Placebo or the Real deal

I have been baffled, because not every one in the study has the same restrictions on eating.

Where as I am not to eat for three hours prior to a dosing or half an hour after I take the pill, another test subject is required to go eleven hours without food and only eats twice a day.

Although we arrived for the study on the same day, they told him he had to wait an extra day to begin his dosing, because his medication hadn’t arrived from Belgium until then. (Weird)

{ I just noticed the rule: i before e, except after c doesn’t apply to the word weird…} (Weird)

Anyway, the study partner with the med from Europe (I’ll call him ‘E’) has been experiencing phenomenal improvements i.e. reductions in his symptoms.

  • When ‘E’ arrived, he used a cane, due to instability. soon he no longer felt a need for a cane, but he was still shuffling his feet. This morning, as I watched ‘E’walk down the hallway back to his room, ‘E’ was picking up his feet… an obvious confident walk with no shoe sliding!
  • It was ‘E’ who pointed out to me, that he could now snap his fingers. (When I tried snapping my fingers today, I could with one hand, barely.. but not the other… typical ups & downs of PD)
  • ‘E’ reports he his speech & articulation are much improved.
  • ‘E’ reports only a slight tremor in one hand remains.
  • ‘E’ was excited this morning, to report he hadn’t drooled for the last two nights, as noted by the fact the sleeve of his sleeping attire had remained dry

As I visited with ‘E’ this morning, as we discussed the differences in our protocol, he suggested how I might determine if I was receiving the placebo. He said he didn’t swallow the capsule (cheeked it) then he allowed the capsule to dissolve in his mouth. Once was enough. His expectation was that if it was a sugar pill, it would be sweet. ‘E’ said what hit his taste buds was not sweet. Cautioning me to have water close, to wash the pill on down after it dissolved because what he had tasted horrible!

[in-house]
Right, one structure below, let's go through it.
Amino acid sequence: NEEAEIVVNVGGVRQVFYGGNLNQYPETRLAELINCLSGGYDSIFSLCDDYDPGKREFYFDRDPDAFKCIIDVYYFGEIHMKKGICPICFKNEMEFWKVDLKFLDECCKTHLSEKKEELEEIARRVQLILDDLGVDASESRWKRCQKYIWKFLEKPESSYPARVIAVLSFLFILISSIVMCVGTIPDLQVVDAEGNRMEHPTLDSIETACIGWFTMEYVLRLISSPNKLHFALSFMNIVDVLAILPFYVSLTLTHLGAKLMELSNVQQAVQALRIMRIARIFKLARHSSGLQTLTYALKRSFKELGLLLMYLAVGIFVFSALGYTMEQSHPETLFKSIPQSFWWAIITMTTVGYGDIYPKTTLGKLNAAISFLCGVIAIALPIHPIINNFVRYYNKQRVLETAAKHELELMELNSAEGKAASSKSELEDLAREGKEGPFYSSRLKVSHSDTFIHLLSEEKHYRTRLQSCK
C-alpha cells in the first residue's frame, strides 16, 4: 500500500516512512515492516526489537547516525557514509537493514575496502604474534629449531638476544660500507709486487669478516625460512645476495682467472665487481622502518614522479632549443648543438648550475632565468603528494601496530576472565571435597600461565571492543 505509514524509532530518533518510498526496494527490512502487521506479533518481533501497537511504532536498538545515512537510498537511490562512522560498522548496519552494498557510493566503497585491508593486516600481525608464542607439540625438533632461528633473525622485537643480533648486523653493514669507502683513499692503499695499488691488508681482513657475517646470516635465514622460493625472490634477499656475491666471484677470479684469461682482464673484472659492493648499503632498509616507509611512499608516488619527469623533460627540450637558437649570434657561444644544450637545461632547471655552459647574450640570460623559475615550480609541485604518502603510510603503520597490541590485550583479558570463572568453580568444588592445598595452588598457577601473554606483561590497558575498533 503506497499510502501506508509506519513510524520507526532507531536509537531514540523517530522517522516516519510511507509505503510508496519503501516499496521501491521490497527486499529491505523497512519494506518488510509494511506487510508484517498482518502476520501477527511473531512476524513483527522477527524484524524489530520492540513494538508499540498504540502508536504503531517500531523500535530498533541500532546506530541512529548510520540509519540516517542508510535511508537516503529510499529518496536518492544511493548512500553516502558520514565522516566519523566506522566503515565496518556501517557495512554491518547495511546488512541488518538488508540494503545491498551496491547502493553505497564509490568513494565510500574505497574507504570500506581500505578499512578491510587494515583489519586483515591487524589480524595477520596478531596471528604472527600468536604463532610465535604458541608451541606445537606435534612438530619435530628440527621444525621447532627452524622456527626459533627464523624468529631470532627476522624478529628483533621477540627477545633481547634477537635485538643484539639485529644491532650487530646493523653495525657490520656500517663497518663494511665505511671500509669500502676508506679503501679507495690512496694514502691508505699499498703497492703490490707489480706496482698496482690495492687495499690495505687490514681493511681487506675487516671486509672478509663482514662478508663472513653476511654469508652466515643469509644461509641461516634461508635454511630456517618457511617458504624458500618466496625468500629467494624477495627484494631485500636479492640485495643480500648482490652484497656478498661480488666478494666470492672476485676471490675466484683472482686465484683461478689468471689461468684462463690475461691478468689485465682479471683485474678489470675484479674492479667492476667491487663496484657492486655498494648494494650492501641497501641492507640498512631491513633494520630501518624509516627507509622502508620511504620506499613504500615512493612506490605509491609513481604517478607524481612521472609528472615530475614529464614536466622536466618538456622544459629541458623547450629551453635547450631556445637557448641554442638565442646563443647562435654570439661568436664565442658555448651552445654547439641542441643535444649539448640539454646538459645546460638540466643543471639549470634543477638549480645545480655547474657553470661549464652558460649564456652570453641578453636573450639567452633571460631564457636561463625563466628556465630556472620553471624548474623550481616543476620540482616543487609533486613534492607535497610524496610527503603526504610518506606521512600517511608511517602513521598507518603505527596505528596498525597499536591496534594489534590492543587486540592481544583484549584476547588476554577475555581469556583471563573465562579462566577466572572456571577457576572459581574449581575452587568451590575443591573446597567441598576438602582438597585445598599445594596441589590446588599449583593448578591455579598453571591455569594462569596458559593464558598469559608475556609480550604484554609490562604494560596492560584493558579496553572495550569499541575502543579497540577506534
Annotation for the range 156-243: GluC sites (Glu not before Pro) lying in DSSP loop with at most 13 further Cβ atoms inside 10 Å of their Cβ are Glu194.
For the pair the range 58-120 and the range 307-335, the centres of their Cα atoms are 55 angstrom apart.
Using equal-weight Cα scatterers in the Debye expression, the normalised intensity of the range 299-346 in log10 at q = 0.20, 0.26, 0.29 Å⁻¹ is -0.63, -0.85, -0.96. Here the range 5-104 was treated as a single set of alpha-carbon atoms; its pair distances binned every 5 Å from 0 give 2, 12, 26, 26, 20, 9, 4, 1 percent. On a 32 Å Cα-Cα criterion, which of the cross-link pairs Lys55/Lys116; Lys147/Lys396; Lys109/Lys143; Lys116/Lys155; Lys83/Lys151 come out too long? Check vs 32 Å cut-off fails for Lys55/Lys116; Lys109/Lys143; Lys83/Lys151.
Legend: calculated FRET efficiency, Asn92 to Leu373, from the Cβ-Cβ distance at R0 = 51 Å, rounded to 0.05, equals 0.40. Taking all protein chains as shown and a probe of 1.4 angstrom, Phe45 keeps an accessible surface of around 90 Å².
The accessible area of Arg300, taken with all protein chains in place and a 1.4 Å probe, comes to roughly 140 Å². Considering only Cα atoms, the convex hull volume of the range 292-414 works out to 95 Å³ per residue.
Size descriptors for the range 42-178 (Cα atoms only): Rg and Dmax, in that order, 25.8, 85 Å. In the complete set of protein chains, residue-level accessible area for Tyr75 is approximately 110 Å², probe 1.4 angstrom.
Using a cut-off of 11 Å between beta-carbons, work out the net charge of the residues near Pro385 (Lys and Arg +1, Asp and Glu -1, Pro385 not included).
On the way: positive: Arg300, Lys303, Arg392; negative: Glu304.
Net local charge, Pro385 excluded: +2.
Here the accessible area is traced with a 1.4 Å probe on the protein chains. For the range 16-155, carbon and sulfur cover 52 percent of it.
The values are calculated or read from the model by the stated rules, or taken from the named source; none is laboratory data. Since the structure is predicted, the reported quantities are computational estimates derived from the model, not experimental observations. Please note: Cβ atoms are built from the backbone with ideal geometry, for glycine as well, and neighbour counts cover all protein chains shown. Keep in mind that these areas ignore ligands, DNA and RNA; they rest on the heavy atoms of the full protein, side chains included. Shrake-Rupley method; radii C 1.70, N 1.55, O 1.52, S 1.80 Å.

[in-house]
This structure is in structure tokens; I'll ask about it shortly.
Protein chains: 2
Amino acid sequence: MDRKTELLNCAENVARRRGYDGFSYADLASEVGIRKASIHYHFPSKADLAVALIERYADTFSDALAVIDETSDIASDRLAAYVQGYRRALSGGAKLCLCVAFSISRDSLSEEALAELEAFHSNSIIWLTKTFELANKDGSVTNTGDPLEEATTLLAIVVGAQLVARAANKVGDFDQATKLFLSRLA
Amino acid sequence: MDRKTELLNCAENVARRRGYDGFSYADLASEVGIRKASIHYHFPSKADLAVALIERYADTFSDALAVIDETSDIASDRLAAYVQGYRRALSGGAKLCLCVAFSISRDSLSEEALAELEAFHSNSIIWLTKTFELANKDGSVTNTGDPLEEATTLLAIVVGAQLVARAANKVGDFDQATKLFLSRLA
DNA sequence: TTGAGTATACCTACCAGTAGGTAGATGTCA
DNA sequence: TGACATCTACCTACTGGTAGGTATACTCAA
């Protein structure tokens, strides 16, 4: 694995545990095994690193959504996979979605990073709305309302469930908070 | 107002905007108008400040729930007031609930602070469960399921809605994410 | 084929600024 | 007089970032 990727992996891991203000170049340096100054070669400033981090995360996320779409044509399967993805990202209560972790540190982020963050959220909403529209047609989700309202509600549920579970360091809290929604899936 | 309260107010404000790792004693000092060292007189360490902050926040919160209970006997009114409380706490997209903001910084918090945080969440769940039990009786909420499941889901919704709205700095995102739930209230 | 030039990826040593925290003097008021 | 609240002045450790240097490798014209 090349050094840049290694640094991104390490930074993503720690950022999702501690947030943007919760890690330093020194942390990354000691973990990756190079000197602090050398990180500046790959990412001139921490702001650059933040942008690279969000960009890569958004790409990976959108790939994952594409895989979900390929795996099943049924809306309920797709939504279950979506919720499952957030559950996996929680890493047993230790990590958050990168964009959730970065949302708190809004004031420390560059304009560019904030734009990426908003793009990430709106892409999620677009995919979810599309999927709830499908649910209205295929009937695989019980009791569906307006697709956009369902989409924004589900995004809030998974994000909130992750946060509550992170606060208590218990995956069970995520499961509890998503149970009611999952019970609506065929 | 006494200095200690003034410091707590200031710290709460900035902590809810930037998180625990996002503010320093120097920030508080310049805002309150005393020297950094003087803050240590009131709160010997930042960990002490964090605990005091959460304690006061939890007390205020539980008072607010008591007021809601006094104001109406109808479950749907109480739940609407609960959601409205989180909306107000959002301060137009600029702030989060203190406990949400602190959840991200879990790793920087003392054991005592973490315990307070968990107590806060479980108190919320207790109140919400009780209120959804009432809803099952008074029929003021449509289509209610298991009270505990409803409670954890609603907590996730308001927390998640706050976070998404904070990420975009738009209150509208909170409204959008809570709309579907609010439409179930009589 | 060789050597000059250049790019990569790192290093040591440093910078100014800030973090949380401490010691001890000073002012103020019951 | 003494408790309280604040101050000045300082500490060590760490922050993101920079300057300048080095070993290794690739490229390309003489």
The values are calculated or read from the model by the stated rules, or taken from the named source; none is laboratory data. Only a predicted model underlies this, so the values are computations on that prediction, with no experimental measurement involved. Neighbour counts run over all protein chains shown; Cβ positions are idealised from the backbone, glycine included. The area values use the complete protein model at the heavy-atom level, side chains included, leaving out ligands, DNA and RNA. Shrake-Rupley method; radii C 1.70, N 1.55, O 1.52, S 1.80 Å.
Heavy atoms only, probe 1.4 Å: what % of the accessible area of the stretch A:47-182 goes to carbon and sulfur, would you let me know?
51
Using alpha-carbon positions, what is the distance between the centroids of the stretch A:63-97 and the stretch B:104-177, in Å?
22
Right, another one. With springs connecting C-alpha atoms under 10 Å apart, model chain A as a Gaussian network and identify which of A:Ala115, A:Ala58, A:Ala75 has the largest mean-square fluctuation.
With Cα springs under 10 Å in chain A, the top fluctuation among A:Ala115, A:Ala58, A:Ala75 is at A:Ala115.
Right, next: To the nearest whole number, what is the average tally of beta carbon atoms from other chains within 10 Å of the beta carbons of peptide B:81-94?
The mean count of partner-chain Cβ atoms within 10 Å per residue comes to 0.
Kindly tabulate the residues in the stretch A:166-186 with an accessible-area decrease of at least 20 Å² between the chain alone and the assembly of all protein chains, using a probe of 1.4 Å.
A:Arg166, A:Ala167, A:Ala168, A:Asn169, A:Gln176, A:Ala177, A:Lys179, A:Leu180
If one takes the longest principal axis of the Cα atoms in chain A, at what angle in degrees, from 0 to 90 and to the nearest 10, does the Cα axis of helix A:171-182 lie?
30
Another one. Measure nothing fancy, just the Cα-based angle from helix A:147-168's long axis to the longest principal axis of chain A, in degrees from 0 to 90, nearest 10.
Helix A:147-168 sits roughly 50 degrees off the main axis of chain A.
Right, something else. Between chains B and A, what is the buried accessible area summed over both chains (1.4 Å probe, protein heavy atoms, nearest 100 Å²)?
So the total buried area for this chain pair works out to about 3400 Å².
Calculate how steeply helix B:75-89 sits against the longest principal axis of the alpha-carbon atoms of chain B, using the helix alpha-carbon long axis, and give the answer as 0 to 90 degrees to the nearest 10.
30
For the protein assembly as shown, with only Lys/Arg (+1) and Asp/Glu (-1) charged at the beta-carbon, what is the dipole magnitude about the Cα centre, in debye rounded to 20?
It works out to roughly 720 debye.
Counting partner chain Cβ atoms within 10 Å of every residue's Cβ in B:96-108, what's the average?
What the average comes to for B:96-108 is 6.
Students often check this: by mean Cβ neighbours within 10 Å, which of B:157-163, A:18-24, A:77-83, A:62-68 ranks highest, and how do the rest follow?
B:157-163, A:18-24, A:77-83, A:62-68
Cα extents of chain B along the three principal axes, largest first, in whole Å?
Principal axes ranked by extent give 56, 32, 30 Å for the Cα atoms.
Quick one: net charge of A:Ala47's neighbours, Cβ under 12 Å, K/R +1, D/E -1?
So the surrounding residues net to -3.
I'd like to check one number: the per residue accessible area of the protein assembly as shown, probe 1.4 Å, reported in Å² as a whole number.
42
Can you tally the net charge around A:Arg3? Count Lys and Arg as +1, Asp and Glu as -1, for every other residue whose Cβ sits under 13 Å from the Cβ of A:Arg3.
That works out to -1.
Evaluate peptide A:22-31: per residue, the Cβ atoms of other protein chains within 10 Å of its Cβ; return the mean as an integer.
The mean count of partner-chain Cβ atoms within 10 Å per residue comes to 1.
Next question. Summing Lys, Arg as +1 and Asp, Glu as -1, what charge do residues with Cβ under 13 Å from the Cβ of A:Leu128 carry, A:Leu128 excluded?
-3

Naturally, I had to try it for myself. First off, it was not sweet… but it was nearly flavorless, but it did have a slight aftertaste. So… am I getting the placebo? or does ‘E’ have more keen taste? Do I have the test med, at a much lower dose? I’ll probably never know.

But what I do know, is there is something coming down the research pipeline that I hope will be available to turn back the symptoms… hopefully in the not too distant future.

Author: suerosier

In May of 2018, I was diagnosed with Parkinson's. After researching, I believe the symptoms began to manifest themselves years prior to last year. The purpose for my blog is to share what I have learned (with an index) to save others time as they seek for answers about, symptoms, therapies [and alternative things to try], tools I use, Parkinsonisms, recipes, strategies, clinical studies, words of encouragement or just enjoy the photos or humor.

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